Leading by Example

Genuine author­i­ty is not a ques­tion of rank, but of exem­plary behav­ior, for lead­er­ship is based more on imi­ta­tion than on sub­or­di­na­tion. We could save our­selves a lot of resis­tance, strug­gle and suf­fer­ing in our dai­ly life in orga­ni­za­tions and fam­i­lies if we our­selves authen­ti­cal­ly rep­re­sent­ed the change we want to see in our envi­ron­ment. Only those who can lead them­selves so sin­cere­ly can lead oth­ers through their example.

Be the change you wish to see in the world!

There is this sto­ry about Mahat­ma Gand­hi and though it is not ver­i­fied it is no less inspir­ing. A woman came from far away with her son to see Gand­hi. She was deeply  wor­ried about her son because he ate too much sug­ar and although he got sick from it he could­n’t stop it.

So she wait­ed patient­ly for many hours and when it was her turn she said: “Please Mas­ter, tell my son to stop eat­ing sug­ar”. Gand­hi looked deep into the boy’s eyes and then replied to the moth­er: “Bring him back in two weeks.

She went home dis­ap­point­ed and came back after two weeks. When they stepped in front of Gand­hi this time, he said, “Boy, you have to stop eat­ing sug­ar.” With respect for Gand­hi and his wis­dom, the boy promised to stop eat­ing sug­ar and led a healthy life ever since.

But the moth­er was con­fused and asked Gand­hi, “Why did­n’t you tell my son so two weeks ago? Gand­hi answered: “Two weeks ago I ate a lot of sug­ar myself. I had to stop eat­ing it first.”

An ounce of prac­tice is worth more than tons of preaching.

Mahat­ma Gandhi

Leading by Example

Who would have act­ed like Gand­hi in this sto­ry? Who would­n’t have sim­ply suc­cumbed to the wish of this moth­er with­out con­scious reflec­tion of one’s own behav­ior? Who would­n’t thus have giv­en the demand­ed but not very authen­tic and there­fore weak advice imme­di­ate­ly? How do we behave every day in meet­ings, com­mit­tees or towards our chil­dren? And how does this behav­ior match our inten­tions and words?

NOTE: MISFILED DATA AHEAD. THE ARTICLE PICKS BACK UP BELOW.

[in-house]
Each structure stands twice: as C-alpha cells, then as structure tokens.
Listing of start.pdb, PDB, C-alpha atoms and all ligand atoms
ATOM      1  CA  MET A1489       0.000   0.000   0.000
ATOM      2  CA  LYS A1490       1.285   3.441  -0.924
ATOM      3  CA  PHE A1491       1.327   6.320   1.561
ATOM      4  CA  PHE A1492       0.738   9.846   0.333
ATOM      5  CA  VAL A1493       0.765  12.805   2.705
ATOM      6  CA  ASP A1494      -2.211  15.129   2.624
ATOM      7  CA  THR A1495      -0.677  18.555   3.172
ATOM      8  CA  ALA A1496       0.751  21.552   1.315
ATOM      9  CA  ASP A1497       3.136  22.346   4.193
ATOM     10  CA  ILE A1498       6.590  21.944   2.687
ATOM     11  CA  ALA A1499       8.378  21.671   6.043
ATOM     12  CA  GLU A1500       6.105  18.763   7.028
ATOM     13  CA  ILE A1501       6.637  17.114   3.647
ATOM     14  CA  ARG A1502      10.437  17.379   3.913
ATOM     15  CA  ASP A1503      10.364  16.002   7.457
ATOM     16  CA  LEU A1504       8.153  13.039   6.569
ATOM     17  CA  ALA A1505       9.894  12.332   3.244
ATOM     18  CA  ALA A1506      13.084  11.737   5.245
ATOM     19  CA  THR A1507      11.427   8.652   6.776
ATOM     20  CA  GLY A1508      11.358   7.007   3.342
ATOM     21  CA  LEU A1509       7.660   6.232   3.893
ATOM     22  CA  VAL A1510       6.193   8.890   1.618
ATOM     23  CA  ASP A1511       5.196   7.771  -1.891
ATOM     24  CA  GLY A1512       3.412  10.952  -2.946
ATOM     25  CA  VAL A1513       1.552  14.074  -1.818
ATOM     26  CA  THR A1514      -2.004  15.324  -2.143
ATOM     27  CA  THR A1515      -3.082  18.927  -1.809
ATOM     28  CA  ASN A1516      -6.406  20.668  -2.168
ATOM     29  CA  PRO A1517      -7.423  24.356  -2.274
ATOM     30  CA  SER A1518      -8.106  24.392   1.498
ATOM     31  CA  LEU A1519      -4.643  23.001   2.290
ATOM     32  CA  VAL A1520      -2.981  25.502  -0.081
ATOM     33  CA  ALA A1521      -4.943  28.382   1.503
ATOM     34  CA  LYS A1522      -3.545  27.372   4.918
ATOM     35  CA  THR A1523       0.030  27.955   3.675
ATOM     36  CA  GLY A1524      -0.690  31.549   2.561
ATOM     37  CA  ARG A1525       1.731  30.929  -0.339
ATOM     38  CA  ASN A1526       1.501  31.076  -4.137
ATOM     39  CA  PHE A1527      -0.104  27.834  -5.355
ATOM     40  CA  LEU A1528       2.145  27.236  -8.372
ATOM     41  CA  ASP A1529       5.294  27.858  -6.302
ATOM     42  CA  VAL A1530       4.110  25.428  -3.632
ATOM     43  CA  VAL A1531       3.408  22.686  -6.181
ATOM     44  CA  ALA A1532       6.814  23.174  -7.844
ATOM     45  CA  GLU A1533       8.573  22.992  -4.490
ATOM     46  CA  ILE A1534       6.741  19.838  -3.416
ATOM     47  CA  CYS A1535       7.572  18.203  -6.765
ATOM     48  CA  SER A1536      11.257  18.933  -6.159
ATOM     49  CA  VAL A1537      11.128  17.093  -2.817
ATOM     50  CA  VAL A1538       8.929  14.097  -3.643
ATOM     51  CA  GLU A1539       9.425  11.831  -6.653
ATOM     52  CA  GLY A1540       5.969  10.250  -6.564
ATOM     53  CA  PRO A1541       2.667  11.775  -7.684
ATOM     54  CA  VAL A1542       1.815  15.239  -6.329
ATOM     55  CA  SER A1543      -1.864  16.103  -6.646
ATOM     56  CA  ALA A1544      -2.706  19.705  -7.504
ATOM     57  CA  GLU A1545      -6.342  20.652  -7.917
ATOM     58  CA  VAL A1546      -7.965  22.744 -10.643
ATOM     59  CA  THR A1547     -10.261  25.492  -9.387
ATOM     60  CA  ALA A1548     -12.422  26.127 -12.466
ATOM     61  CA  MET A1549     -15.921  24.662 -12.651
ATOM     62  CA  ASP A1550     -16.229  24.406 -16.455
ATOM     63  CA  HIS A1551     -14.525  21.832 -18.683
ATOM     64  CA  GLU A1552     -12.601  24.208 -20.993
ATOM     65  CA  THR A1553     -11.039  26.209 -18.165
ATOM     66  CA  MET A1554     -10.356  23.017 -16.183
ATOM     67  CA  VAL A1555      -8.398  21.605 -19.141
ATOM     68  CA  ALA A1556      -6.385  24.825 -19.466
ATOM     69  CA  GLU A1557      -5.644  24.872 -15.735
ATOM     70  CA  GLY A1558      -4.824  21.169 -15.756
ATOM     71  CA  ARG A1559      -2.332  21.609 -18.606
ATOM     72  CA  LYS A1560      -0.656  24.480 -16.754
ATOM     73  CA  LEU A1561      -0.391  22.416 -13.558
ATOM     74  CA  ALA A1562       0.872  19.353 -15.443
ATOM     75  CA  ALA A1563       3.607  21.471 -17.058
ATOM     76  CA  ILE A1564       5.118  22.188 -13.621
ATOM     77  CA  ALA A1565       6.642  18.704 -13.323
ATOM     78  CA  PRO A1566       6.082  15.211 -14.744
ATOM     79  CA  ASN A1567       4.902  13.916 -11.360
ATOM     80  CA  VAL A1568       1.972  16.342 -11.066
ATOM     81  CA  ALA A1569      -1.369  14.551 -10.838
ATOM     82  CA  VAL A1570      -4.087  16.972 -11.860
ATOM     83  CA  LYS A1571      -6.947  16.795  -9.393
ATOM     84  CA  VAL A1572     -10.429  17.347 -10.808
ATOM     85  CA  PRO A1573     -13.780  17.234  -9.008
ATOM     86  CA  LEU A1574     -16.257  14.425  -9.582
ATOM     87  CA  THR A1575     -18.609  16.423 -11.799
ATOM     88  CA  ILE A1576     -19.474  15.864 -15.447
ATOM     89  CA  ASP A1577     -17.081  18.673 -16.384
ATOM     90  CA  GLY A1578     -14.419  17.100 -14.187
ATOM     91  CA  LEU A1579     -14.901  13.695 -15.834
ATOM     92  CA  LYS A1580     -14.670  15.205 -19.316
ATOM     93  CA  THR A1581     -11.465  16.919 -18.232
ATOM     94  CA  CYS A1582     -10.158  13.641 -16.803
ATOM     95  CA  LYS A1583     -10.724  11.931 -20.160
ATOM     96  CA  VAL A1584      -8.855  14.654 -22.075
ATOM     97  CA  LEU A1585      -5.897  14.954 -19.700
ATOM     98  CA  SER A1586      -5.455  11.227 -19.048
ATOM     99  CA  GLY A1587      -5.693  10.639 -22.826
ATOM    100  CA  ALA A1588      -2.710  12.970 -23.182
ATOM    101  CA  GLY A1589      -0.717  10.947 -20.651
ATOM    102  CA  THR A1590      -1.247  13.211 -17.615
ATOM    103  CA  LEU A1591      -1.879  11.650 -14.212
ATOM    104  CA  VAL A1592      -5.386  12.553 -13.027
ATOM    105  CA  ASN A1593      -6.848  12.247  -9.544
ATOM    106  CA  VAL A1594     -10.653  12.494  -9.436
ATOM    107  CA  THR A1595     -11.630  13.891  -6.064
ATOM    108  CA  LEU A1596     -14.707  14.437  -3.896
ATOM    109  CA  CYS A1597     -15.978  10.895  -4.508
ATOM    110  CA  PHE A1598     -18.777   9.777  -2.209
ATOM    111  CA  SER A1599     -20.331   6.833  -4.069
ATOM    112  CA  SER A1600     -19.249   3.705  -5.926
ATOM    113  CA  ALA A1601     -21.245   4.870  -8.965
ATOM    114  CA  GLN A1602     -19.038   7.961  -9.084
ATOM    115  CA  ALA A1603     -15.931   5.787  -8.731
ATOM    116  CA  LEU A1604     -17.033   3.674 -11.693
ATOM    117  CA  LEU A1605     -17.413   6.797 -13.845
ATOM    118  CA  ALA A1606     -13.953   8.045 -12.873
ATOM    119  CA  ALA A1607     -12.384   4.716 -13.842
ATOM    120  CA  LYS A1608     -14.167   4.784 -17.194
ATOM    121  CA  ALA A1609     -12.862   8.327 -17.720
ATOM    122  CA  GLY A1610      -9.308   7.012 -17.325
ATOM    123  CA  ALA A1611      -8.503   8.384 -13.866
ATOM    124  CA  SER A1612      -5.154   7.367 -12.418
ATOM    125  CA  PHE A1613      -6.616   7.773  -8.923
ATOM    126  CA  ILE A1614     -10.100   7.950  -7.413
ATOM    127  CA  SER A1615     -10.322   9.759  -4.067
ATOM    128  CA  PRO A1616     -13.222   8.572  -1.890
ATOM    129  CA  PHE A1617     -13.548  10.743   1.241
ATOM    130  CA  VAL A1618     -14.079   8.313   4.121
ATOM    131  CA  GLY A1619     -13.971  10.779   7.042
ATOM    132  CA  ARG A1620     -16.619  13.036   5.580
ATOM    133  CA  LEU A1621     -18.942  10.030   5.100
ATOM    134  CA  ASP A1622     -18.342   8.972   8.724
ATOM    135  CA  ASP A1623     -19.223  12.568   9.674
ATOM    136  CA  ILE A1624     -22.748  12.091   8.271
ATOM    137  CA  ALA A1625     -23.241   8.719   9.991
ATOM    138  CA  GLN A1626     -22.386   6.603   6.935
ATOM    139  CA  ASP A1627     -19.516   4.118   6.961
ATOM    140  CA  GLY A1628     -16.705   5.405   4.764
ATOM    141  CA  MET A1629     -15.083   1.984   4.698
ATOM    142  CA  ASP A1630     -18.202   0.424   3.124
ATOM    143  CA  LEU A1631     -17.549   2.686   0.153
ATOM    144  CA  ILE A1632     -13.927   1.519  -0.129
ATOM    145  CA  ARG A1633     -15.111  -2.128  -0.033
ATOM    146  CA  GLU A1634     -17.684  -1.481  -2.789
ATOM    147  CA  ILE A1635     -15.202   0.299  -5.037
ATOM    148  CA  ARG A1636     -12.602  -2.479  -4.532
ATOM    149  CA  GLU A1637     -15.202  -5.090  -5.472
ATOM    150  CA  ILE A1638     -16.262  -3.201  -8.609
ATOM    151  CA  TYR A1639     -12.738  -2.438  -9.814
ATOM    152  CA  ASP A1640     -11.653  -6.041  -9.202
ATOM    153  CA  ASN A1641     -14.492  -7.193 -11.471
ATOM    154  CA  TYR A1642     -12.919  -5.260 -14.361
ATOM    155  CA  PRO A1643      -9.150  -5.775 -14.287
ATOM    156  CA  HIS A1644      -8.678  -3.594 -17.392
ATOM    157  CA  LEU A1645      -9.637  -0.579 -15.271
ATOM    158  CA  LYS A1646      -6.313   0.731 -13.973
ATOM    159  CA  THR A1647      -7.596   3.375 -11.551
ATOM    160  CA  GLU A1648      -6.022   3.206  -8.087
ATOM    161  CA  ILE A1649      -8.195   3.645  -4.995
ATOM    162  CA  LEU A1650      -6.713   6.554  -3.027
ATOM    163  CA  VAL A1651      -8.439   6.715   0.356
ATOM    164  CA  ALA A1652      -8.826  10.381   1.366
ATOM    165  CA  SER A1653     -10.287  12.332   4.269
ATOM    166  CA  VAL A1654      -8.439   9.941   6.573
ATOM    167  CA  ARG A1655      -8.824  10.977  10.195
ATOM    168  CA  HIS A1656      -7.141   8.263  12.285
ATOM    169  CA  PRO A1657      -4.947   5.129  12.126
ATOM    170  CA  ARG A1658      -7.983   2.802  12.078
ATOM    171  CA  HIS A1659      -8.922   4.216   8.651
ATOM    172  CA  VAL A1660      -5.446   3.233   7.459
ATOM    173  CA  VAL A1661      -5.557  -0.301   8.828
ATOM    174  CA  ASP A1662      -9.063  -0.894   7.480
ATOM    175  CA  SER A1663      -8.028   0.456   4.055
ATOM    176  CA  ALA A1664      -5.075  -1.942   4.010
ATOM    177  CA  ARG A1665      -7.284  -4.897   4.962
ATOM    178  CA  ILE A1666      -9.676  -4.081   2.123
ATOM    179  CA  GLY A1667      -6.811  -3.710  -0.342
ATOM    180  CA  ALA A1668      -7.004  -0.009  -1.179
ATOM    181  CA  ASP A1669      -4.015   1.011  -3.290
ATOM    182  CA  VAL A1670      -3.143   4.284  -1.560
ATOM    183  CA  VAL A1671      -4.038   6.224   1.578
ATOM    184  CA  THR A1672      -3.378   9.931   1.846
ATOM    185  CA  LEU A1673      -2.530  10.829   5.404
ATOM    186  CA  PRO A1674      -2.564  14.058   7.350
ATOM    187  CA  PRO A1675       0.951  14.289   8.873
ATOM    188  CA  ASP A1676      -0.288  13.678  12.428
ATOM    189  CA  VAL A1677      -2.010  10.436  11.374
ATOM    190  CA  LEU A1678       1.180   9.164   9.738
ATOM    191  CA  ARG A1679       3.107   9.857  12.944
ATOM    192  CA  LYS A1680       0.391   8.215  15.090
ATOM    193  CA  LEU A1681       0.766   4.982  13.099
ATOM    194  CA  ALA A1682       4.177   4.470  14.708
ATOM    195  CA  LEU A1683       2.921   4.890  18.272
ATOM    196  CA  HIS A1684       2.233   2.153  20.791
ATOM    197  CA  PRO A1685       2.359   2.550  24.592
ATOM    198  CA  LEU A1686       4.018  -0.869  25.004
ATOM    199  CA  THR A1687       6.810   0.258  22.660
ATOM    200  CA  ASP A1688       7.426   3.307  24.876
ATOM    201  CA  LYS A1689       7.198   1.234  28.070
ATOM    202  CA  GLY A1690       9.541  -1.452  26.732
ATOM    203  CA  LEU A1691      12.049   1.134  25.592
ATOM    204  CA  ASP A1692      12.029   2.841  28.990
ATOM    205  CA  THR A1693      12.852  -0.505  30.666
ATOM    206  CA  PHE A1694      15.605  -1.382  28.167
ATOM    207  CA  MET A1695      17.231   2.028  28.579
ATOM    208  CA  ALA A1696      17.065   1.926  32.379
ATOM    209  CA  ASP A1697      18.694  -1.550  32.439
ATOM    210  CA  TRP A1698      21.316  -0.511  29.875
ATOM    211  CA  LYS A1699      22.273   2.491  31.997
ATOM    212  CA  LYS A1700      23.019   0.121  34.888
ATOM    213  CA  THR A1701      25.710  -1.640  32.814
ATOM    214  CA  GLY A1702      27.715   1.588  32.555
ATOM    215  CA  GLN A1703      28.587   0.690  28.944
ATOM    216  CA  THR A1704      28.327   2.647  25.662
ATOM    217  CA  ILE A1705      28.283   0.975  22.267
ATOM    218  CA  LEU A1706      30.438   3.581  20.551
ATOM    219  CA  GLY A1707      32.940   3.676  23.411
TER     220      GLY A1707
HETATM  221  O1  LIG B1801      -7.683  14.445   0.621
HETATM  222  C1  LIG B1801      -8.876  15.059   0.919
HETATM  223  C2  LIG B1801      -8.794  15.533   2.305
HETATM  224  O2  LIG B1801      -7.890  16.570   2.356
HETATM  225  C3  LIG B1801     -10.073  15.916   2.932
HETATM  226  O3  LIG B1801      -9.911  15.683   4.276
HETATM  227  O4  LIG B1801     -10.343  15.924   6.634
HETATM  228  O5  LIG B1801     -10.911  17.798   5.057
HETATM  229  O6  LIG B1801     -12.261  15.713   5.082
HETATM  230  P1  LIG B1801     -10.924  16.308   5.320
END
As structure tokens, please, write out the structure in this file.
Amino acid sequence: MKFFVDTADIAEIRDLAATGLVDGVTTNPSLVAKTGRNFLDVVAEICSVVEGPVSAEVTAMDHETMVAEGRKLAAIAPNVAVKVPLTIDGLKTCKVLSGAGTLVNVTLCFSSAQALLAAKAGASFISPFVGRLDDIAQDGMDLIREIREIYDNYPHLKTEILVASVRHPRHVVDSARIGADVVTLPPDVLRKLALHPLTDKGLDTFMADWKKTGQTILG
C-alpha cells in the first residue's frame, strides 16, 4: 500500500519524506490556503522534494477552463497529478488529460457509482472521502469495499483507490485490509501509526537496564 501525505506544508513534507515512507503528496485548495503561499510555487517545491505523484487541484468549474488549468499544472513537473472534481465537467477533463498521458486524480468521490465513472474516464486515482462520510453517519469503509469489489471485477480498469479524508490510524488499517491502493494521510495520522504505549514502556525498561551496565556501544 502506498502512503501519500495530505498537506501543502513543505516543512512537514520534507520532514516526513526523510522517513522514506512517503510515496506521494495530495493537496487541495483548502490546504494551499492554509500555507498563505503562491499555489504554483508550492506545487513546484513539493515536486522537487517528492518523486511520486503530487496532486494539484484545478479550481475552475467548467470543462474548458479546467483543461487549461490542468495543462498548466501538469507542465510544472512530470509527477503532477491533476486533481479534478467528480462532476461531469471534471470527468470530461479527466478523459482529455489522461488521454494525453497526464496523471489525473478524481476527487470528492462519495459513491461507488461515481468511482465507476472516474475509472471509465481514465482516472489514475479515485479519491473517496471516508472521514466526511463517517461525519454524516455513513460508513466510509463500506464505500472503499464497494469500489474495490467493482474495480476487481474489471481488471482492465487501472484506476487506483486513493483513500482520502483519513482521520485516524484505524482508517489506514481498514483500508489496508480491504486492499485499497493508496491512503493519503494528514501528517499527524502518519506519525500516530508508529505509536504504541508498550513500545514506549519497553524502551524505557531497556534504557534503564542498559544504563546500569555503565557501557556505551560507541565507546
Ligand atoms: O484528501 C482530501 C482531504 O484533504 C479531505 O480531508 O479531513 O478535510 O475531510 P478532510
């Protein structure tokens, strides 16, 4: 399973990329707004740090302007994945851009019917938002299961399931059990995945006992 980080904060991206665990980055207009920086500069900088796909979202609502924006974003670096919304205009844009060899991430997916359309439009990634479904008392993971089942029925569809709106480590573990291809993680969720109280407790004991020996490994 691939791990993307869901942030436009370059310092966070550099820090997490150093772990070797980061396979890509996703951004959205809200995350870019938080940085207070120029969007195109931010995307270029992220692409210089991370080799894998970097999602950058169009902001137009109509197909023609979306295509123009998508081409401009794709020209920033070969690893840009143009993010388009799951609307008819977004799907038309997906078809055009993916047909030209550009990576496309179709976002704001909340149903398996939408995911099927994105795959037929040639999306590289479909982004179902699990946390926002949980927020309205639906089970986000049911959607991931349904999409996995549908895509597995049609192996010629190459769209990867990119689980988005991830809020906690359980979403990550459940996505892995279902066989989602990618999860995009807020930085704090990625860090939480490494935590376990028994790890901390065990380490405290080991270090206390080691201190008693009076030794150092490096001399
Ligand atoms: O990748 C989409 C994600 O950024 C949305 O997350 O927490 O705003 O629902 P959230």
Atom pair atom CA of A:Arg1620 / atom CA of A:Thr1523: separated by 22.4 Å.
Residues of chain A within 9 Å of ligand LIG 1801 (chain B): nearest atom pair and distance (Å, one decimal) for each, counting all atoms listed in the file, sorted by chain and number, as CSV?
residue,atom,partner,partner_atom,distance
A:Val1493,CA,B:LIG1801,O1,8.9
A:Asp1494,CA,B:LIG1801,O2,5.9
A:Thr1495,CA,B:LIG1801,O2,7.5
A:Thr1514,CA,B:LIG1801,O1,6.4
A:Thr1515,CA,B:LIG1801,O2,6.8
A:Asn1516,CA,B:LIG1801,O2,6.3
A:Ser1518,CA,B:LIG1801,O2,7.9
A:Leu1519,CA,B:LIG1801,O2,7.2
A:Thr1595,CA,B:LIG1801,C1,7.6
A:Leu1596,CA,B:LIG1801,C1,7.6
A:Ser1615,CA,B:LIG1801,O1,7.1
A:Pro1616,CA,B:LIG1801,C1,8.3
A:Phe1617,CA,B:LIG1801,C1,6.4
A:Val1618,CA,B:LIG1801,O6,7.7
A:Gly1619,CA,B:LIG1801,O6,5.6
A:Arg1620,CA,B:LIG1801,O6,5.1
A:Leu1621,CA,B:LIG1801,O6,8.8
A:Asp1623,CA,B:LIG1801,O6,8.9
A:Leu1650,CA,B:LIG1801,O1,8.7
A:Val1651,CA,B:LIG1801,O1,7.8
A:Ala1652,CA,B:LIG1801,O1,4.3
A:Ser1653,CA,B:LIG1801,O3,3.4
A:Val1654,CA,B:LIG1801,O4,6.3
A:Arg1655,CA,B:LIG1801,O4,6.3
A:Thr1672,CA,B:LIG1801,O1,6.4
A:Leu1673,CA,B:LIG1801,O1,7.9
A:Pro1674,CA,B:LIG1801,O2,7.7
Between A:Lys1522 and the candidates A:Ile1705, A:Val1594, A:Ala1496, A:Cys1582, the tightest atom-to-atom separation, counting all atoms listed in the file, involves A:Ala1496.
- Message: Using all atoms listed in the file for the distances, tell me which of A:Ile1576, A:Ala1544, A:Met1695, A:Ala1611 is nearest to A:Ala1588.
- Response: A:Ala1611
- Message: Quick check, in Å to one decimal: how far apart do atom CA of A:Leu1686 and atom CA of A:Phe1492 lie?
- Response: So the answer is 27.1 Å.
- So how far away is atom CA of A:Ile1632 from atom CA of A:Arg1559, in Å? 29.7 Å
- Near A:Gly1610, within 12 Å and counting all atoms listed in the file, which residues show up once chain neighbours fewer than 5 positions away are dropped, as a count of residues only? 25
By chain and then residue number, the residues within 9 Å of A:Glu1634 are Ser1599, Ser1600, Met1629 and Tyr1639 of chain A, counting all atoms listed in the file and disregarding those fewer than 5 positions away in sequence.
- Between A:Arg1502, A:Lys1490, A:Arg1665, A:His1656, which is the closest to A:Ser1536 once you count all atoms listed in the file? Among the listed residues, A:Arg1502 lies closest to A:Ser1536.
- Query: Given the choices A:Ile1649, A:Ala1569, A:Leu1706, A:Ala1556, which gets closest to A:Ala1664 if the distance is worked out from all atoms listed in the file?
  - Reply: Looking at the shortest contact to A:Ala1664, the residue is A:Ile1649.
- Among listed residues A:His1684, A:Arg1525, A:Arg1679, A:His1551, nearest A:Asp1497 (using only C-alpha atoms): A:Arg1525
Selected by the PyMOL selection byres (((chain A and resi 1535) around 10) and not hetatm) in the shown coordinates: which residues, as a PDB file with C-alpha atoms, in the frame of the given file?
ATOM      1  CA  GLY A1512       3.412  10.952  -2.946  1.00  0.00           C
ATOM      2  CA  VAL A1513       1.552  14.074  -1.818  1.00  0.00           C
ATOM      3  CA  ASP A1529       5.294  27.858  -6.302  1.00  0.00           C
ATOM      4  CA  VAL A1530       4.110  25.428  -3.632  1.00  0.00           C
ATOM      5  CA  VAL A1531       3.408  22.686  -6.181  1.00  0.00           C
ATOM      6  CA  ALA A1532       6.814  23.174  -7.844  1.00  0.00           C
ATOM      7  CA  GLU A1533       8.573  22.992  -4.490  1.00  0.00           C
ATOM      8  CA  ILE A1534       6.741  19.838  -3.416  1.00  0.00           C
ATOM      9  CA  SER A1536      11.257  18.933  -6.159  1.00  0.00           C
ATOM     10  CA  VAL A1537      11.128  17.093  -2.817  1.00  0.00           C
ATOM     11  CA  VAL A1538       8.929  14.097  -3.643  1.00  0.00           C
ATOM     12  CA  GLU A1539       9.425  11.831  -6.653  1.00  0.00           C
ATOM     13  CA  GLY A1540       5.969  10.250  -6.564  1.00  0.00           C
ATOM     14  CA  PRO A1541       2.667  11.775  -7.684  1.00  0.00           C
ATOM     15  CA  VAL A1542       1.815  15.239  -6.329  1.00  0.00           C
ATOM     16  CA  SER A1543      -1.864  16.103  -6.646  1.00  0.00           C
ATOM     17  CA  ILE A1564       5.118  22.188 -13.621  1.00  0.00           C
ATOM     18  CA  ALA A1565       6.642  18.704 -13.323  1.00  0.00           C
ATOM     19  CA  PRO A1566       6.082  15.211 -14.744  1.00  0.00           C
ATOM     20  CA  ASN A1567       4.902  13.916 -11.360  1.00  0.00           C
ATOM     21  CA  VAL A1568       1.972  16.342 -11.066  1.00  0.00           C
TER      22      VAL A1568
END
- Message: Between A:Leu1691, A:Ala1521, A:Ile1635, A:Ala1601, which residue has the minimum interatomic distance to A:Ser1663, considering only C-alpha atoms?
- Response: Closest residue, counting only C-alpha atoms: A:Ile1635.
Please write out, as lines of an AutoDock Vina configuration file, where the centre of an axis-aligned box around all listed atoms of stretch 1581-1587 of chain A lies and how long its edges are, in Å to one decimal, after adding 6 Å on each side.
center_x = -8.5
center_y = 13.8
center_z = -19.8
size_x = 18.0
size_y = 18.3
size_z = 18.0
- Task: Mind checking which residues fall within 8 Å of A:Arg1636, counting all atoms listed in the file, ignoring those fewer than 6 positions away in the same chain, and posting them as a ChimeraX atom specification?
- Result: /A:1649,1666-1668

Exam­ple is not the main thing in influ­enc­ing oth­ers; it is the only thing.

Albert Schweitzer

This age of dig­i­tal­iza­tion is char­ac­ter­ized by major changes. In order for these trans­for­ma­tions not to evap­o­rate as inef­fec­tive change the­ater, lead­ing by exam­ple is required. No one should pre­tend that this is about chang­ing oth­ers – and espe­cial­ly employ­ees – while their own role and posi­tion will remain unaffected.

What you are speaks so loud­ly, I can’t hear what you are saying.

Ralph Wal­do Emerson

Espe­cial­ly the agile trans­for­ma­tion, i.e. the change towards more agili­ty through decen­tral­ized deci­sion-mak­ing struc­tures in the form of self-orga­niz­ing teams, is first and fore­most a mas­sive lead­er­ship trans­for­ma­tion. Agili­ty is not just some sort of con­cen­trat­ed feed with which employ­ees can do their work faster and more flex­i­bly, while every­thing else stays the same. Quite the oppo­site, agili­ty is about tak­ing a holis­tic view of the orga­ni­za­tion and opti­miz­ing the entire val­ue stream. And in doing so, lead­er­ship is split into self-orga­ni­za­tion, prod­uct man­age­ment and human lead­er­ship in the sense of the Man­i­festo for Human(e) Lead­er­ship.

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